Rates of adolescent depression and anxiety continue rising as the understanding of causes and treatment resources remain widely stagnant.
Anxiety disorders are the most common mental health disorders of childhood and adolescence. Anxiety and depression in high school children have been on the rise since 2012 after several years of stability. It’s a phenomenon that cuts across all demographics. Family financial stress can exacerbate these issues, and studies show that girls are more at risk than boys.
In 2015, about 3 million teens ages 12–17 had had at least one major depressive episode in the past year, according to the Department of Health and Human Services. More than 2 million are reporting depression that impairs their daily function. About 30 percent of girls and 20 percent of boys have had an anxiety disorder, according to data from the National Institute of Mental Health.
All Stressed Out
Social, political, and environmental causes are likely implicated in the increase in the number of teenagers each year who have had a depressive episode, up a troubling 37 percent between 2005 and 2014. High school students now have more anxiety symptoms and are twice as likely to see a mental health professional as teens in the 1980s.
Being a teenager in the 21st century can be a depleting full-time job that includes doing schoolwork, managing a social media persona, and agonizing over career choices, academic performance, climate change, sexism, and racism. Often, every event and encounter is documented online for hours—it’s simply exhausting.
Depression (major depressive disorder) is a medical illness that can interfere with your ability to handle your daily activities, such as sleeping, eating, or managing your school work. Depression is common, but that doesn’t mean it isn’t serious. Treatment may be needed for someone to feel better. Depression can happen at any age, but often symptoms begin in the teens or early 20s or 30s. It can occur along with other mental disorders, substance misuse, and other health conditions.
Signs your child might suffer from depression
- Constantly feeling sad, anxious, or “empty”
- Feeling hopeless or like everything is going wrong
- Feeling worthless or helpless
- Feeling irritable much of the time
- Spending more time alone and withdrawing from friends and family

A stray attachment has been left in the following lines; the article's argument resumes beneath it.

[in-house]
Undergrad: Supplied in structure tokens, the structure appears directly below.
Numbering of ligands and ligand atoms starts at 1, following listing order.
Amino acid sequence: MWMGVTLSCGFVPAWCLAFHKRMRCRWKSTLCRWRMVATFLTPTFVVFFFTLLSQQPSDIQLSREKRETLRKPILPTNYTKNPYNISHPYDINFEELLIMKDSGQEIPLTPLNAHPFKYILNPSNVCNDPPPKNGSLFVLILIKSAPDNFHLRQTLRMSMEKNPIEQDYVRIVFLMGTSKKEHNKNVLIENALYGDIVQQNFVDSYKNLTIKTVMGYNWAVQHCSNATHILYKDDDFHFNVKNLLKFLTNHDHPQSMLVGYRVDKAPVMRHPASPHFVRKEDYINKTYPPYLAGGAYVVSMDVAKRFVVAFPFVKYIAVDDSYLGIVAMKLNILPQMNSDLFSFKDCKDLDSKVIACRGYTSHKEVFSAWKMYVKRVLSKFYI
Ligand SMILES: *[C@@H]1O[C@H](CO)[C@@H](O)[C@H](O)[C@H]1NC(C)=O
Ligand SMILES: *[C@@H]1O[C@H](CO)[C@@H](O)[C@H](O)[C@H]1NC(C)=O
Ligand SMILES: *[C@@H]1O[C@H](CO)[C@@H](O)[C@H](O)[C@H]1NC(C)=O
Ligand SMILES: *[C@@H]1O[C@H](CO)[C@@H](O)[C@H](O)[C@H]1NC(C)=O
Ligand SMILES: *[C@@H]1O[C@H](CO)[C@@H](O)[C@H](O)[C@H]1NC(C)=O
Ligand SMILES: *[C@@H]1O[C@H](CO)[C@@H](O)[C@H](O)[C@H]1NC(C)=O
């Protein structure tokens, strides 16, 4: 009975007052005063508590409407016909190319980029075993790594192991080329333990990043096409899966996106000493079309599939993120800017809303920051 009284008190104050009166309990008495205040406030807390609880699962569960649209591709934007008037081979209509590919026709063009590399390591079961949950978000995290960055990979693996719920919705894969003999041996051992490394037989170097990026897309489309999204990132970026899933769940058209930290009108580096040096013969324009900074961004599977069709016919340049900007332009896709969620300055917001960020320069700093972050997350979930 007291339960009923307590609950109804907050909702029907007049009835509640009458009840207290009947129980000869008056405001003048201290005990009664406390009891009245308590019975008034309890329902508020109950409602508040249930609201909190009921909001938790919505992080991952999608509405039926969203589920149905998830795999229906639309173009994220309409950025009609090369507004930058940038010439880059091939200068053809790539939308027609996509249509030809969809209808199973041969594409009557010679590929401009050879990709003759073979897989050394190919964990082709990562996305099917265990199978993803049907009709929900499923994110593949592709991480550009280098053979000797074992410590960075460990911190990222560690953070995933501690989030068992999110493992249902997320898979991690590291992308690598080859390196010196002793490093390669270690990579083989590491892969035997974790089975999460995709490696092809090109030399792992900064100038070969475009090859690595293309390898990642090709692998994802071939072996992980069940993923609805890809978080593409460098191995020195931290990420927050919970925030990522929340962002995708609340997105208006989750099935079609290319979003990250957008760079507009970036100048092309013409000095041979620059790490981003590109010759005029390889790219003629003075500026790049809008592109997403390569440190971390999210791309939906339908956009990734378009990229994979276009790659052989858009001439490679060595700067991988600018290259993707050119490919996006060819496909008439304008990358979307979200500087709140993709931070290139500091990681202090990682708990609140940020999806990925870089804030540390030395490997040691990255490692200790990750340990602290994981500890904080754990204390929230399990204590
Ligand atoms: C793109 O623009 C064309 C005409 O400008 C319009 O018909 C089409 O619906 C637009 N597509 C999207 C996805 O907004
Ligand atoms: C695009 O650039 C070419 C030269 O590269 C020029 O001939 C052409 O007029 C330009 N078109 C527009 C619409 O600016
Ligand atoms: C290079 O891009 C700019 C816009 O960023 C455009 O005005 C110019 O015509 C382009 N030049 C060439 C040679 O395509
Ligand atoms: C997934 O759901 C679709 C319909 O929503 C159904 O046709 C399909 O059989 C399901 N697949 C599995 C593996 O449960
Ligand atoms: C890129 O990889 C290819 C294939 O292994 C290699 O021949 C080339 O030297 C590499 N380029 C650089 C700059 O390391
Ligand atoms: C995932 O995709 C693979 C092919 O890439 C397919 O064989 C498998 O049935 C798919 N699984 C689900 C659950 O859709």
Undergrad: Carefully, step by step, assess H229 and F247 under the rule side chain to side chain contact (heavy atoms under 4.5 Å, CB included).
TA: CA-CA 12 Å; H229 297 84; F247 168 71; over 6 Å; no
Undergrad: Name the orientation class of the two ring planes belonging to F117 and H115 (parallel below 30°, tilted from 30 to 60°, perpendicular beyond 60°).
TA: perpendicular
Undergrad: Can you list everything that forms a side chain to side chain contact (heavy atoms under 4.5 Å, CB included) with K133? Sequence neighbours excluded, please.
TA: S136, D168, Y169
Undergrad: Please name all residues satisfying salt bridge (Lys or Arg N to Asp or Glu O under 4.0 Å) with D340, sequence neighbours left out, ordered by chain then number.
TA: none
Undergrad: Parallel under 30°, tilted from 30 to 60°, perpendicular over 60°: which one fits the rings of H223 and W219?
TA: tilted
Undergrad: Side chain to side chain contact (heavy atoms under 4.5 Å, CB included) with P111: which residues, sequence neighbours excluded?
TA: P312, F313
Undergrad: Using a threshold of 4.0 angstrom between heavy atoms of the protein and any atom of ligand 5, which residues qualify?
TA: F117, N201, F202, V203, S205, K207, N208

- Poor grades
- Lost interest or pleasure in activities and hobbies they used to enjoy
- Eating or sleeping habits have changed
- Feeling constantly tired
- Feeling restless or having trouble sitting still
- Thinking about self-harm, death, or suicide
According to the National Institute of Mental Health, approximately 25 percent of 13–18-year-olds have an anxiety disorder, and just under 6 percent have a severe anxiety disorder. Anxiety disorders often co-occur with depression as well as eating disorders, attention-deficit/hyperactivity disorder (ADHD), and others.
Signs your child might have an anxiety disorder:
- Emotional Changes
- Social Changes
- Physical Changes
- Sleep Disturbance
- Poor School Performance
- Panic Attacks
Anxiety and depression are treatable conditions, but 80 percent of kids with a diagnosable anxiety disorder and 60 percent of kids with diagnosable depression are not getting treatment, according to the 2015 Child Mind Institute Children’s Mental Health Report.
More research is needed to identify the drivers of these dysfunctions, suggest policy changes to address these issues, and find effective treatments.
Anxiety and depression disorders are treatable conditions. Young people suffering from these painful conditions can take heart in the knowledge that skilled mental healthcare providers can employ psychotherapies and medications, when appropriate, to reduce symptoms, restore the quality of life, and develop long-term strategies to make lasting change.
The Turnbridge Adolescent Program specializes in deep diagnoses that identify the underlying sources of anxiety and depression to determine optimal treatment plans faster. The program's goal is to understand the factors contributing to these mental health disorders to improve long-term outcomes.